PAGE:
Please make a donation to support Gunter's Space Page.
Thank you very much for visiting Gunter's Space Page. I hope that this site is useful and informative for you.
If you appreciate the information provided on this site, please consider supporting my work by making a simple and secure donation via PayPal. Please help to run the website and keep everything free of charge. Thank you very much.

FalconSat 8

FalconSAT-8, is a microsatellite developed by the U.S. Air Force Academy and sponsored by the USAF Research Laboratory (AFRL).

FalconSAT-8 is an educational platform for cadets, which performs technology demonstrations for the Air Force. FalconSAT-8 carries five experimental payloads, and members of the Cadet Space Operations Squadron will operate FalconSAT-8.

The satellite will test a novel electromagnetic propulsion system, low-weight antenna technology and a commercial reaction wheel to provide attitude control in orbit.

following experiments are on board:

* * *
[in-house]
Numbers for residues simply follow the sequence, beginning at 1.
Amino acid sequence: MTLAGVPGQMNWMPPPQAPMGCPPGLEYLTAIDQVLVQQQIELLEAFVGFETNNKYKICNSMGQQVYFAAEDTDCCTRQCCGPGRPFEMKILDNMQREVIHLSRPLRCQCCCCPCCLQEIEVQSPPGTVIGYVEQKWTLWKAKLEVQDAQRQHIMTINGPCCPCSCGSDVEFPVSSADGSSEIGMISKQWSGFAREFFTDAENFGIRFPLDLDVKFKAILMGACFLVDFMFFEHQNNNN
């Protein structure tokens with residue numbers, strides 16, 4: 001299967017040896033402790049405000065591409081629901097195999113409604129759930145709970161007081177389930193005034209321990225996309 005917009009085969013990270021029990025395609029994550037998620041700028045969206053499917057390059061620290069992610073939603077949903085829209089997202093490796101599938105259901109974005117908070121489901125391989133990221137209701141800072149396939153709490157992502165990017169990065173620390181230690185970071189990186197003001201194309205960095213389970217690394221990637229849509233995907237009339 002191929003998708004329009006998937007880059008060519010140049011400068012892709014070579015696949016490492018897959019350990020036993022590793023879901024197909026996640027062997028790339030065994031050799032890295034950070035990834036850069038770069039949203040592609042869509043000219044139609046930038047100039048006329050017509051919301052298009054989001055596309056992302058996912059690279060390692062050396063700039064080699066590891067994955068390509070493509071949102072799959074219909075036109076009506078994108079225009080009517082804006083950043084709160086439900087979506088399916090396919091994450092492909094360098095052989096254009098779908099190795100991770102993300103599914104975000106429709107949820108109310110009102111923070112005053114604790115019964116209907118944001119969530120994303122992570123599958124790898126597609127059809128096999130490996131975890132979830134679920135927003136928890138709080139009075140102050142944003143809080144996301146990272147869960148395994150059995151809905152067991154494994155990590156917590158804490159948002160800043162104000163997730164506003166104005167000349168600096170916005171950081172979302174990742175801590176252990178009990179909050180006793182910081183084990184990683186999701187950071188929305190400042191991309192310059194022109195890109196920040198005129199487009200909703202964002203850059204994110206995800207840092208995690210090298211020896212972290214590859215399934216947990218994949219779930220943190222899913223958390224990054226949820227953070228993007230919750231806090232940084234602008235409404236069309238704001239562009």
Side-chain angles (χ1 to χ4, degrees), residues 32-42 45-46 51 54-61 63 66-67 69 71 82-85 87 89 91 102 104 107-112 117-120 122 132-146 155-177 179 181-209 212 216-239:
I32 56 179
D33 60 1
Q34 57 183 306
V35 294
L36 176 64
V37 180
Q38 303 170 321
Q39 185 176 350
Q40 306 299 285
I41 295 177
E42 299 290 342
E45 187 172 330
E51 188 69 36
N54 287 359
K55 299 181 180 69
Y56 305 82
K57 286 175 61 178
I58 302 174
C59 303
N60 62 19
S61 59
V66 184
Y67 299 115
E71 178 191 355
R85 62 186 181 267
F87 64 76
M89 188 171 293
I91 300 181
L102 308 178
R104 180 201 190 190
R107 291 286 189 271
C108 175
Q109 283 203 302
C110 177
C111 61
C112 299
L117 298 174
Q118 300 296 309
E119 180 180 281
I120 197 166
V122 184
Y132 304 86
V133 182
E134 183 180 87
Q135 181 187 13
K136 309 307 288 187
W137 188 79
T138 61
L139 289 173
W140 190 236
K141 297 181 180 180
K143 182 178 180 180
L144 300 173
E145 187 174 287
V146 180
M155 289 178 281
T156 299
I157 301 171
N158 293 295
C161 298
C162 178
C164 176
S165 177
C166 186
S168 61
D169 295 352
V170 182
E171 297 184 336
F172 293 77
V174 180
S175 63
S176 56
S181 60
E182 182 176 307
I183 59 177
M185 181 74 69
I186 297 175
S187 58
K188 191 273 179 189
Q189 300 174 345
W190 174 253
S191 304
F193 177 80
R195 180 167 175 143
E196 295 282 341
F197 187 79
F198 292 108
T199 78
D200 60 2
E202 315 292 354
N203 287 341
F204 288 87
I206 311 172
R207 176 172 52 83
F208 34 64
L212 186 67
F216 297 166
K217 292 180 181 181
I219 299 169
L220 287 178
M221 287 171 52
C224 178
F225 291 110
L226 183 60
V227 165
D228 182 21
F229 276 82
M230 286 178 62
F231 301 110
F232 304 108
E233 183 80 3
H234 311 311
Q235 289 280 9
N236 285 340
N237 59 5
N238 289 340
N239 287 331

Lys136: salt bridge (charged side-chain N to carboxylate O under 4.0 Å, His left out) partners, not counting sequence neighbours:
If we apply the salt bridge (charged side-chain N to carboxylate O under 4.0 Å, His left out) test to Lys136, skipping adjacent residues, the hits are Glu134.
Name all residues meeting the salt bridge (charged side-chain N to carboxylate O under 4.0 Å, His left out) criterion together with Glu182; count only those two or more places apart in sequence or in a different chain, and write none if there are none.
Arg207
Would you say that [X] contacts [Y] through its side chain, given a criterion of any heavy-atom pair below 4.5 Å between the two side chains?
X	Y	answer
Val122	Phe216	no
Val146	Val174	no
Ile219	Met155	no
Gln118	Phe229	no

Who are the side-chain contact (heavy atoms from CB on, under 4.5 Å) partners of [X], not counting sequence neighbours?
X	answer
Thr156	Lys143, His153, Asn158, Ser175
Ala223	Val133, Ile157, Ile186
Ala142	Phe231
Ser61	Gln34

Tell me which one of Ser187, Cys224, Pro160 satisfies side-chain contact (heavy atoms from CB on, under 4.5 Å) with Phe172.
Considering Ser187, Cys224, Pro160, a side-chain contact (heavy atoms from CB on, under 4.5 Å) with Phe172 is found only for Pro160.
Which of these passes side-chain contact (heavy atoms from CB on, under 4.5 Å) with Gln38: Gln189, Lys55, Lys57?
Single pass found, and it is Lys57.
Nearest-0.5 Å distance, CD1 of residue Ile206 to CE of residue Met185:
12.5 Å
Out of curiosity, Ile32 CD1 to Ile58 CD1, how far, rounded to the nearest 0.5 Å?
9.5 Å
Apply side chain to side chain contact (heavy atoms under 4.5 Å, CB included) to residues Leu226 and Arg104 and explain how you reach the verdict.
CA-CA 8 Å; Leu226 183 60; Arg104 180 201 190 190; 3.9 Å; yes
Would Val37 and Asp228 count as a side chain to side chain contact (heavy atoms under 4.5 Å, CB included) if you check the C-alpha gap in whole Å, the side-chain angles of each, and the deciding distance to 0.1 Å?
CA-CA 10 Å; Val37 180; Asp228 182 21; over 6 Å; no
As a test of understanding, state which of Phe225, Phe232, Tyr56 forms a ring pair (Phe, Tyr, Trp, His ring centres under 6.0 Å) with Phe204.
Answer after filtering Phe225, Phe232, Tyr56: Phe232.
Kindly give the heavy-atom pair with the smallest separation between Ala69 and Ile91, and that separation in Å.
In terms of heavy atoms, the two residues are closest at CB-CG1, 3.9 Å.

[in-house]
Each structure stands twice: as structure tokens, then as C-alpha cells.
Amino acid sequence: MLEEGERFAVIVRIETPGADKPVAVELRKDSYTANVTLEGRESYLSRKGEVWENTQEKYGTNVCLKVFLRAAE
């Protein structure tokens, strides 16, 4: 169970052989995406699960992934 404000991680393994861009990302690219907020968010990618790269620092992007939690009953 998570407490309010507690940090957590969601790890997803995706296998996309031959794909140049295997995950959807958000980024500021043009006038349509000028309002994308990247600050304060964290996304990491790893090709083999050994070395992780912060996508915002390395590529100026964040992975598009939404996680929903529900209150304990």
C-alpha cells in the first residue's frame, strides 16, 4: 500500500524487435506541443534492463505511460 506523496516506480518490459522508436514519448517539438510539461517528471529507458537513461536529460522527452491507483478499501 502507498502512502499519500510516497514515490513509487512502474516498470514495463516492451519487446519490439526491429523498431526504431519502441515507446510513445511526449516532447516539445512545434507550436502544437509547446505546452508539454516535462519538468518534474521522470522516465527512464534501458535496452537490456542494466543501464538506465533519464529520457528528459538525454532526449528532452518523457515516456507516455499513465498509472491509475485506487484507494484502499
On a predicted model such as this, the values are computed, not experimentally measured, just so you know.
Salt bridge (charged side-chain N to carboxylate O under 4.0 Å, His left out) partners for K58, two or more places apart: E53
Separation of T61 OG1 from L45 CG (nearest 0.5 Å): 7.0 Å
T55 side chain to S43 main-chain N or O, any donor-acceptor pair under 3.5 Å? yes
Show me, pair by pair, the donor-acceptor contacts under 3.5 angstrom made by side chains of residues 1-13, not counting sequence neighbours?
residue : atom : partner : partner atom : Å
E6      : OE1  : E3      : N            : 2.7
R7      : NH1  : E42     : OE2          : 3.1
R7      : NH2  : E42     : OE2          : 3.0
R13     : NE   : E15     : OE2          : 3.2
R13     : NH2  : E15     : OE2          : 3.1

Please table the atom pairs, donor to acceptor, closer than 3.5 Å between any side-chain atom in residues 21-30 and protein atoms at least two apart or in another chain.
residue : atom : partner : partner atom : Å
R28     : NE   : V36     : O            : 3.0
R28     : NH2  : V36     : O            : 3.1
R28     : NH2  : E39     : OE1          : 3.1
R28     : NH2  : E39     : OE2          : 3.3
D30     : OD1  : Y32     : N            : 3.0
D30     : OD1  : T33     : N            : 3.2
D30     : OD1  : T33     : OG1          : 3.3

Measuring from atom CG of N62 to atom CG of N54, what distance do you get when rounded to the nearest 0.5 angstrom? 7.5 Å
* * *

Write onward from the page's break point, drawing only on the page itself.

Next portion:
• MEP (Magnetogradient Electrostatic Plasma Truster) Novel electromagnetic propulsion system
  • MMA (Metamaterials Antenna) Low size, weight, power antenna with phased-array like performance
  • CANOE (Carbon nanotube experiment) RF cabling with carbon nanotube braiding flexed using shape-memory alloy
  • ACES (Attitude Control and Energy Storage) Commercial reaction wheel modified into a flywheel for energy storage and release
  • SkyPad Off-the-shelf cameras and GPUs integrated into low-SWAP (size, weight and power) package

The satellite will be deployed from the service module of X-37B OTV-6, which was launched in May 2020 on an Atlas-5(501).

Nation: USA
Type / Application: Experimental
Operator: U.S. Air Force Academy
Contractors: U.S. Air Force Academy
Equipment: MEP, MMA, CANOE, ACES, SkyPad
Configuration:
Propulsion: Magnetogradient Electrostatic Plasma Truster
Power: Solar cells, batteries
Lifetime:
Mass: 136 kg
Orbit:
Satellite COSPAR Date LS Launch Vehicle Remarks
FalconSat 8 2020-029 17.05.2020 CC SLC-41 Atlas-5(501) with X-37B OTV-6

References: